To send content items to your account,
please confirm that you agree to abide by our usage policies.
If this is the first time you use this feature, you will be asked to authorise Cambridge Core to connect with your account.
Find out more about sending content to .
To send content items to your Kindle, first ensure email@example.com
is added to your Approved Personal Document E-mail List under your Personal Document Settings
on the Manage Your Content and Devices page of your Amazon account. Then enter the ‘name’ part
of your Kindle email address below.
Find out more about sending to your Kindle.
Note you can select to send to either the @free.kindle.com or @kindle.com variations.
‘@free.kindle.com’ emails are free but can only be sent to your device when it is connected to wi-fi.
‘@kindle.com’ emails can be delivered even when you are not connected to wi-fi, but note that service fees apply.
Personal risk behaviors are modifiable. This report describes the 2002 national baseline of behavioral health risk factors of US emergency medical technicians (EMTs) that can guide policy and program development in improving EMT well-being.
A 19-item Health Behavioral Risk Survey (Appendix) was added to the 2002 Longitudinal Emergency Medical Technician Demographic Study mail survey. Risk survey questions covering physical activity, tobacco use, and alcohol use were modeled after the Centers for Disease Control and Prevention 2002 Behavioral Risk Factor Surveillance System (BRFSS) questionnaire. Personal, non-work related seatbelt use and motor vehicle driving questions were adopted from the 2002 US National Highway Traffic Safety Administration (NHTSA) Motor Vehicle Occupant Safety Survey (MVOSS). Post-stratification adjustment factors were used to allow comparisons with BRFSS and MVOSS national estimates.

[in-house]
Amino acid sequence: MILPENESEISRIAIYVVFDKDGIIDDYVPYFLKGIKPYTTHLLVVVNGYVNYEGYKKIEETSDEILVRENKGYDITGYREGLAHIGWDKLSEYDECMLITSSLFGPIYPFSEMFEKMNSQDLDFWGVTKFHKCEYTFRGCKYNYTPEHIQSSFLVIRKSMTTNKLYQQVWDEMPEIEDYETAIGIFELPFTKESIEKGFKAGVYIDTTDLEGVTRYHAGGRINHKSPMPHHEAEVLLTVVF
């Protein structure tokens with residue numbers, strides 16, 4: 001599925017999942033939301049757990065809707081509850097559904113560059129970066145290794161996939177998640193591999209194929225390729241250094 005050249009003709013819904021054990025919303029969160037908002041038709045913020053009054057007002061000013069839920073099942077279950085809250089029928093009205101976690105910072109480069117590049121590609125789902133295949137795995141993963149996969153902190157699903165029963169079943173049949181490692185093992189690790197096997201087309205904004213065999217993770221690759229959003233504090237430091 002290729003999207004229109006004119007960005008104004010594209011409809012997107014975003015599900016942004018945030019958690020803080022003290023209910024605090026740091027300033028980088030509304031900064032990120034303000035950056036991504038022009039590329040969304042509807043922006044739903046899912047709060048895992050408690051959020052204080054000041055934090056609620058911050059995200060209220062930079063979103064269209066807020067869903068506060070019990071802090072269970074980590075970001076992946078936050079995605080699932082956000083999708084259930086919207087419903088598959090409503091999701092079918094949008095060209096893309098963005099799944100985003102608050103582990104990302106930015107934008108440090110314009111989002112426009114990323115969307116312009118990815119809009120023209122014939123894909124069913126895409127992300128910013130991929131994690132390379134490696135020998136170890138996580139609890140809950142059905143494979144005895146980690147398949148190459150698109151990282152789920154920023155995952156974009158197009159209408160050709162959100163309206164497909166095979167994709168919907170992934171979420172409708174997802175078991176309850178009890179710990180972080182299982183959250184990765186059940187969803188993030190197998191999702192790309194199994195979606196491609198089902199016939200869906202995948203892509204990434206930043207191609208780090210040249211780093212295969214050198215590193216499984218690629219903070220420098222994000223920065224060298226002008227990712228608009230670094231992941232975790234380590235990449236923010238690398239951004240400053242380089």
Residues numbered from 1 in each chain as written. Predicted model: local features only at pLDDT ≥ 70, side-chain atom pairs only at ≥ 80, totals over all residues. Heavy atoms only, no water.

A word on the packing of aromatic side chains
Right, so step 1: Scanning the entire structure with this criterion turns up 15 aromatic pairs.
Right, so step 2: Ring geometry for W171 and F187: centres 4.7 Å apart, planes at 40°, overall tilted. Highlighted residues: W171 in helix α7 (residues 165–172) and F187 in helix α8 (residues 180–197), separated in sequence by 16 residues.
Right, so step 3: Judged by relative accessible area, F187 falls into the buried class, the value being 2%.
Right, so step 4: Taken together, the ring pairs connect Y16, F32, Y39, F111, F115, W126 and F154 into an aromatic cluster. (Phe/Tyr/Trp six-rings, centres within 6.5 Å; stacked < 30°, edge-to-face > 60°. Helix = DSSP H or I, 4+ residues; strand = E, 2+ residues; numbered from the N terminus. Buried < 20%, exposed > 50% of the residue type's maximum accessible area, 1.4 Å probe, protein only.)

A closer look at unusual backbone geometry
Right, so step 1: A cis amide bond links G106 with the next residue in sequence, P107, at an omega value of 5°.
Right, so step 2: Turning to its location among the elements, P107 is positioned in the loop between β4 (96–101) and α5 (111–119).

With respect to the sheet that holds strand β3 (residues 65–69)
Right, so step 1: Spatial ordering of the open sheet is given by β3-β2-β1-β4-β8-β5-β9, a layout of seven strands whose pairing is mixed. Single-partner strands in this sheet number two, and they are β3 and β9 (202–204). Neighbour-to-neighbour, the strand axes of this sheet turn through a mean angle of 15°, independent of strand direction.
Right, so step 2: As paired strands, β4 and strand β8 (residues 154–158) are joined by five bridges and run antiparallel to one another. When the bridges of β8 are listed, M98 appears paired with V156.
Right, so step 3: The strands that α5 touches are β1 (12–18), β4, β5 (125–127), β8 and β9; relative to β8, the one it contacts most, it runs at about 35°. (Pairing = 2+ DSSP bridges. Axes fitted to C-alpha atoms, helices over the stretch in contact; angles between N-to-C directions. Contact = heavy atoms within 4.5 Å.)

A total of 1,919 EMT respondents were compared with 239,866 BRFSS and 5,220 MVOSS respondents. These comparisons indicate that EMT-Basics drove more slowly than paramedics; male EMTs drove faster, drank more, and wore their seatbelts less often than did female EMTs; female EMTs smoked more and engaged in vigorous exercise less than males. Those EMTs who reported to be in fair or poor health, smoked more and exercised less than those who reported to be in good or excellent health. Regardless of gender, age, or race, EMTs, on average, wore their seatbelts less often, drove faster than, and were less likely to engage in moderate physical exercise, compared to US adults.
Stereotypical gender differences in risk behaviors exist among EMTs. An EMT's self-reported health positively correlates with smoking and exercising. Compared to US national estimates, except for smoking and vigorous exercise, EMTs have increased risk behaviors.
Email your librarian or administrator to recommend adding this to your organisation's collection.